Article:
US readies possible solo action against Syria
Updated: 2013-08-30 10:49
Britain's Prime Minister David Cameron is seen addressing the House of Commons in this still image taken from video in London August 29, 2013. [Photo/Agencies]
In London, Prime Minister David Cameron argued a military strike would be legal on humanitarian grounds. But he faced deep pressure from lawmakers and had already promised not to undertake military action until a UN chemical weapons team on the ground in Syria released its findings about the August 21 attack.
The prime minister said in terse comments after the vote that while he believes in a "tough response" to the use of chemical weapons, he would respect the will of the House of Commons.
Caitlin Hayden, Obama's National Security Council spokeswoman, said the US would continue to consult with Britain but Obama would make decisions based on "the best interests of the United States".
It was not certain the US would have to act alone. France announced that its armed forces "have been put in position to respond" if President Francois Hollande commits forces to intervention against Syria. Hollande does not need French parliamentary approval to launch military action that lasts less than four months.
Obama discussed the situation in Syria with Republican House Speaker John Boehner, who wrote to the president earlier this week seeking a legal justification for a military strike and the objectives of any potential action.
Assad, who has denied using chemical weapons, vowed his country "will defend itself against any aggression".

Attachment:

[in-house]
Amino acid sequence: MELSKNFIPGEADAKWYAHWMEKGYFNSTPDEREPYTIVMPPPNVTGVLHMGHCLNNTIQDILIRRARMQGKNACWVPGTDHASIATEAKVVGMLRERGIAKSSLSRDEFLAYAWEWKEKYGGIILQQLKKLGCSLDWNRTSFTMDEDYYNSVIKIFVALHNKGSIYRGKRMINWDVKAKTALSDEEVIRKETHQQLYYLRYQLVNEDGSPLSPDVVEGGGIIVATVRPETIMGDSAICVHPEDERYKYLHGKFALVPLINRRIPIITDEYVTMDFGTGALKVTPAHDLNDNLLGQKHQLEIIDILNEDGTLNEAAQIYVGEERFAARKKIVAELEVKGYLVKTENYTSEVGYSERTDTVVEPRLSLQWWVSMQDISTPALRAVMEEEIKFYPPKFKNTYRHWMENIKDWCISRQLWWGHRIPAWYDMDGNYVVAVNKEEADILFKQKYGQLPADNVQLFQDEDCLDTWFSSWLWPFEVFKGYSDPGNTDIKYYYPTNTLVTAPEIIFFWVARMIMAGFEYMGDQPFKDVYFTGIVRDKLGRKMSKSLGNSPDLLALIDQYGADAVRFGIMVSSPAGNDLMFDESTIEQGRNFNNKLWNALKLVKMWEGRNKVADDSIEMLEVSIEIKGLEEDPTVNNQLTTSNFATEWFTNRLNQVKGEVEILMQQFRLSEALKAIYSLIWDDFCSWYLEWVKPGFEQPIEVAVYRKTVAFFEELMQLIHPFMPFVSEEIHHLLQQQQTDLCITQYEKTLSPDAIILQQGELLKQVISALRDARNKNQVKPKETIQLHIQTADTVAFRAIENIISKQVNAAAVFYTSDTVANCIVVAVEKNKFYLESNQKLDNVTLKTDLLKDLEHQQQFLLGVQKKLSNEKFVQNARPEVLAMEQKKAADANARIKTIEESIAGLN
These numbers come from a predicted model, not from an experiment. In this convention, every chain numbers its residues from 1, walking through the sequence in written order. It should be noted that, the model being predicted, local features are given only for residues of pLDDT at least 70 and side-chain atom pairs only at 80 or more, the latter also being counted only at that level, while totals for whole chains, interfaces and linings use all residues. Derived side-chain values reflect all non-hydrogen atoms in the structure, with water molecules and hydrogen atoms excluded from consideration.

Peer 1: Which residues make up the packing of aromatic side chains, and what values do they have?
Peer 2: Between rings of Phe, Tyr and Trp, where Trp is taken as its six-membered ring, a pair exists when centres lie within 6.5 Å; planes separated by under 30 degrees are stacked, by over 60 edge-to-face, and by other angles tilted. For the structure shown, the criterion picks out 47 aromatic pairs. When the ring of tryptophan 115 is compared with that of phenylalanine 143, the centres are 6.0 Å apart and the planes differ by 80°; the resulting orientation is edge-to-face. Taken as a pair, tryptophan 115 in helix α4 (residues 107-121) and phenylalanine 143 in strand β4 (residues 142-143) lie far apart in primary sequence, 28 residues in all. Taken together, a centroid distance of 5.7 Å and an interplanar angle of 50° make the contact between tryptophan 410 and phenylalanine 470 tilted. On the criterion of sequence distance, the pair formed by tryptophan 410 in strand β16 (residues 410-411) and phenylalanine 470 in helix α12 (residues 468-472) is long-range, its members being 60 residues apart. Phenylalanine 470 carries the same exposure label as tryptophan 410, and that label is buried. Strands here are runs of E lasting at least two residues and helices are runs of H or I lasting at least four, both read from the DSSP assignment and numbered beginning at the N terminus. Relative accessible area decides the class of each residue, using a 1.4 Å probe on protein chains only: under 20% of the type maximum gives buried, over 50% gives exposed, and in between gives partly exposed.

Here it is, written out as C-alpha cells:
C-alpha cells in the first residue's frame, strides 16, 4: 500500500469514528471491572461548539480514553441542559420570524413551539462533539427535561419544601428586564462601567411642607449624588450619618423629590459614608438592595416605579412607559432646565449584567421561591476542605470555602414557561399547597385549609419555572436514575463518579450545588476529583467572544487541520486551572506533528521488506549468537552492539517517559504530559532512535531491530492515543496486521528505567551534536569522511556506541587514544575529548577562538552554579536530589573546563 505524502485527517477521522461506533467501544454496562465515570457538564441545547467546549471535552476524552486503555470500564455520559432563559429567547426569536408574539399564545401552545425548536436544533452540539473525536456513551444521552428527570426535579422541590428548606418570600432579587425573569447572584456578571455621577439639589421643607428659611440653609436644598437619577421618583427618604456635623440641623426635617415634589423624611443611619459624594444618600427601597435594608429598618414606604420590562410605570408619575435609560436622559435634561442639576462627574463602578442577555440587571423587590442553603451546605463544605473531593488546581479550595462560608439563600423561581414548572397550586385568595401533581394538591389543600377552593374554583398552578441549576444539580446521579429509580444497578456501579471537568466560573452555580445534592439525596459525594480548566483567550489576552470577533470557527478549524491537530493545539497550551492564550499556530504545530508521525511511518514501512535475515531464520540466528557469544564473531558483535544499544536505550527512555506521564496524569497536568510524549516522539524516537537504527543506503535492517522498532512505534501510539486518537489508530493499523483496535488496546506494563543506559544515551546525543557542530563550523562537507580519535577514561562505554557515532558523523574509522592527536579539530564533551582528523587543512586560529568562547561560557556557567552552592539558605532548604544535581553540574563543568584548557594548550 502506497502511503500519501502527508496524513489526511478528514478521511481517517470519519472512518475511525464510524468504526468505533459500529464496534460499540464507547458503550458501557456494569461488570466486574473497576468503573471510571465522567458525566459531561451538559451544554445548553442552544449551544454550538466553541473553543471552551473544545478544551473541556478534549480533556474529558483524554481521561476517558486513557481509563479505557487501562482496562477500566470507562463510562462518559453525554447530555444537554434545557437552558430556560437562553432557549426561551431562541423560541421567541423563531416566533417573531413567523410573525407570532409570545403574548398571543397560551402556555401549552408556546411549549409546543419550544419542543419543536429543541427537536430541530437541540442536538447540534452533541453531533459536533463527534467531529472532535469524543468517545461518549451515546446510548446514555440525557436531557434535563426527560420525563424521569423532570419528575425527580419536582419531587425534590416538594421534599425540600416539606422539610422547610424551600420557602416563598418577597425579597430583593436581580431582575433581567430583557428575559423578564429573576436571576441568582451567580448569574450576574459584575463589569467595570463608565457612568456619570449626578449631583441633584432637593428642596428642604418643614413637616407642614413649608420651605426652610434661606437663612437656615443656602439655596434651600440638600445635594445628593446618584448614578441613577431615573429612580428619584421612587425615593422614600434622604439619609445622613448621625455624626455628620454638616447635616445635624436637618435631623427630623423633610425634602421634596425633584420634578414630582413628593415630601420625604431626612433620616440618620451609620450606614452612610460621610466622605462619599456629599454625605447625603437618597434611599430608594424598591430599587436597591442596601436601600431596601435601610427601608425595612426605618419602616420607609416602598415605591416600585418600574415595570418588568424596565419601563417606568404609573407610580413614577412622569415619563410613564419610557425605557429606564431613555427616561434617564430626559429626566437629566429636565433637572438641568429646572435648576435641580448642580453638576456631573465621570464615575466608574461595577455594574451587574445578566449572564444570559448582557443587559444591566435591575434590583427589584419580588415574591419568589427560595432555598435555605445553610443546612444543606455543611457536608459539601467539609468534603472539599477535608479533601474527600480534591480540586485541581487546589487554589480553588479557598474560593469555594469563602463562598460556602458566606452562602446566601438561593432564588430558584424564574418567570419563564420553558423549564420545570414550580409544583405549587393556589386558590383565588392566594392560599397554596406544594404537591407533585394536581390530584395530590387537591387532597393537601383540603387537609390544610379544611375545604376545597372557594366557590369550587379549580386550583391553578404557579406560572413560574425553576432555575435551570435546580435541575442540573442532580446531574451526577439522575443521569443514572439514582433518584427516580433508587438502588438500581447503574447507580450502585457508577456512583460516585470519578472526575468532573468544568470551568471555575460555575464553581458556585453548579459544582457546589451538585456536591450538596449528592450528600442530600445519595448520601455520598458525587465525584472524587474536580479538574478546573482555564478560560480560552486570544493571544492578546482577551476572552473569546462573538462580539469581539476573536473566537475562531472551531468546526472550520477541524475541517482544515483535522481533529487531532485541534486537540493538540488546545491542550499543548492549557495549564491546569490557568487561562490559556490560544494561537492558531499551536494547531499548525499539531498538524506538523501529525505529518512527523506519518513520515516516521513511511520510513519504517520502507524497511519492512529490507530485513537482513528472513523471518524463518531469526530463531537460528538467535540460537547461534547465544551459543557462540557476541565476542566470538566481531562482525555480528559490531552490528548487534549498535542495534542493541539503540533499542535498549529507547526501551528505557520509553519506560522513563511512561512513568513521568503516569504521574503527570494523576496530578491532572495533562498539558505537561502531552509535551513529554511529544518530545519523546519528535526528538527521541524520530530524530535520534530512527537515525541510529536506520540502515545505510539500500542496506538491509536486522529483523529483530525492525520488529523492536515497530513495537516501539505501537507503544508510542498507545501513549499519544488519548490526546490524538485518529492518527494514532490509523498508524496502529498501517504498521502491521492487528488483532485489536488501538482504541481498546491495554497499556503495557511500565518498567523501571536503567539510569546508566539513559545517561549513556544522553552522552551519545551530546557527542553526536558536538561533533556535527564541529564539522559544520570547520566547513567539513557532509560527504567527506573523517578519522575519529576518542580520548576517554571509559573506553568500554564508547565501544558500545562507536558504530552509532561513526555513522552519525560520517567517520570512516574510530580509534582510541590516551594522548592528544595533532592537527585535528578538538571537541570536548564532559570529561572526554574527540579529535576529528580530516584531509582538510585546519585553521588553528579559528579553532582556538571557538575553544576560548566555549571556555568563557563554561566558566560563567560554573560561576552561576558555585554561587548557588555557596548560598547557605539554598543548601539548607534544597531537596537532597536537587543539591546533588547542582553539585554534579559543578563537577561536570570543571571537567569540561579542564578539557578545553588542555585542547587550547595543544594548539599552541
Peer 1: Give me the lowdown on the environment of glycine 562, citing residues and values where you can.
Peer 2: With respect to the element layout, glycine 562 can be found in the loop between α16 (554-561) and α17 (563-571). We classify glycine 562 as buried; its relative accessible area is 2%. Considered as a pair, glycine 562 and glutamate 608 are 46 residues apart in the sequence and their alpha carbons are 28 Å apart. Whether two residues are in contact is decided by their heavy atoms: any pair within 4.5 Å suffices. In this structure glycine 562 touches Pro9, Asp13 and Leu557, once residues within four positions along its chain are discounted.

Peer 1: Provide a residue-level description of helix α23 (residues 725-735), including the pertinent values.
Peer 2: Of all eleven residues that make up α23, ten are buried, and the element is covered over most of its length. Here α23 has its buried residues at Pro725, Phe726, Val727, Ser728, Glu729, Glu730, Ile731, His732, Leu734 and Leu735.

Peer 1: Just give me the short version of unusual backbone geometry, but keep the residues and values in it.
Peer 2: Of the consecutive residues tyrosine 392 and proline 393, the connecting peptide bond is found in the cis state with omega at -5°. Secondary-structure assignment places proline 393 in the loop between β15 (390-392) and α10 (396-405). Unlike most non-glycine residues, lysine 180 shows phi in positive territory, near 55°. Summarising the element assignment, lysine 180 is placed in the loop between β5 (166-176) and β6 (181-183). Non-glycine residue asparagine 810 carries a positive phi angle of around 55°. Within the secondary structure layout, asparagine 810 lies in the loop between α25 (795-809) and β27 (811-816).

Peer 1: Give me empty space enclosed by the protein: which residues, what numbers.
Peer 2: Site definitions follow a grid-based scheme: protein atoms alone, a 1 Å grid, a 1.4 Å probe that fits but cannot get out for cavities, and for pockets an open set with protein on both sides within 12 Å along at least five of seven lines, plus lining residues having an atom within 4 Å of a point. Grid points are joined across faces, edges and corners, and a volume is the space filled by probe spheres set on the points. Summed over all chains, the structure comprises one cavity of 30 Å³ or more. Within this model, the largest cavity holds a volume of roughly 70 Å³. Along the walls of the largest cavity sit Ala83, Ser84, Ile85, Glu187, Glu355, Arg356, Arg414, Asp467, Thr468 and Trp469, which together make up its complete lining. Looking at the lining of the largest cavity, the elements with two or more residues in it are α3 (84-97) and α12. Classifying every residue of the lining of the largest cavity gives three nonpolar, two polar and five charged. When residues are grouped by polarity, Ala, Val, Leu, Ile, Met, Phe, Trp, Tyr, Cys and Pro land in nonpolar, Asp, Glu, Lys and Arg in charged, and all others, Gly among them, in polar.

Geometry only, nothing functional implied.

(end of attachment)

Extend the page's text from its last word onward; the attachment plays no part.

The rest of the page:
Some of the UN chemical weapons experts will travel directly from Syria on Saturday to different laboratories around Europe to deliver "an extensive amount of material" gathered, UN spokesman Farhan Haq said. While the mandate of the UN team is to determine whether chemical agents were used in the attack, not who was responsible, Haq suggested the evidence - which includes biological samples and witness interviews - might give an indication of who deployed gases.
Obama and other top officials have not revealed definitive evidence to back claims that Assad used chemical weapons on Syrians. US officials say the intelligence assessments are no "slam dunk", with questions remaining about who actually controls some of Syria's chemical weapons stores and doubts about whether Assad himself ordered the strike.
The officials spoke on condition of anonymity because they were not authorized to discuss the intelligence publicly.
Despite shortcomings in the intelligence, the White House signaled urgency in acting, with Earnest, the White House spokesman saying the president believes there is a "compressed time frame" for responding.
Obama continued making his case for a robust response to world leaders, speaking Thursday with German Chancellor Angela Merkel. With national elections scheduled in Germany for next month, Merkel is unlikely to pull her country into a military conflict.
Merkel also discussed Syria by phone Thursday with Russian President Vladimir Putin, insisting that the attack "requires an international reaction," Merkel spokesman Steffen Seibert said.
Obama has ruled out putting American forces on the ground in Syria or setting up a no-fly zone over the country. He's also said any US response to the chemical weapons attack would be limited in scope and aimed solely at punishing Assad for deploying deadly gases, not at regime change.
"We do have to make sure that when countries break international norms on weapons like chemical weapons that could threaten us, that they are held accountable," he said during a television interview.
The most likely military option would be Tomahawk cruise missile strikes from four Navy destroyers in the eastern Mediterranean Sea. At a minimum, Western forces are expected to strike targets that symbolize Assad's military and political might: military and national police headquarters, including the Defense Ministry; the Syrian military's general staff; and the four-brigade Republican Guard that is in charge of protecting Damascus, Assad's seat of power. Assad's ruling Baath Party headquarters could be targeted, too.
US officials also are considering attacking military command centers and vital forces, communications hubs and weapons caches, including ballistic missile batteries.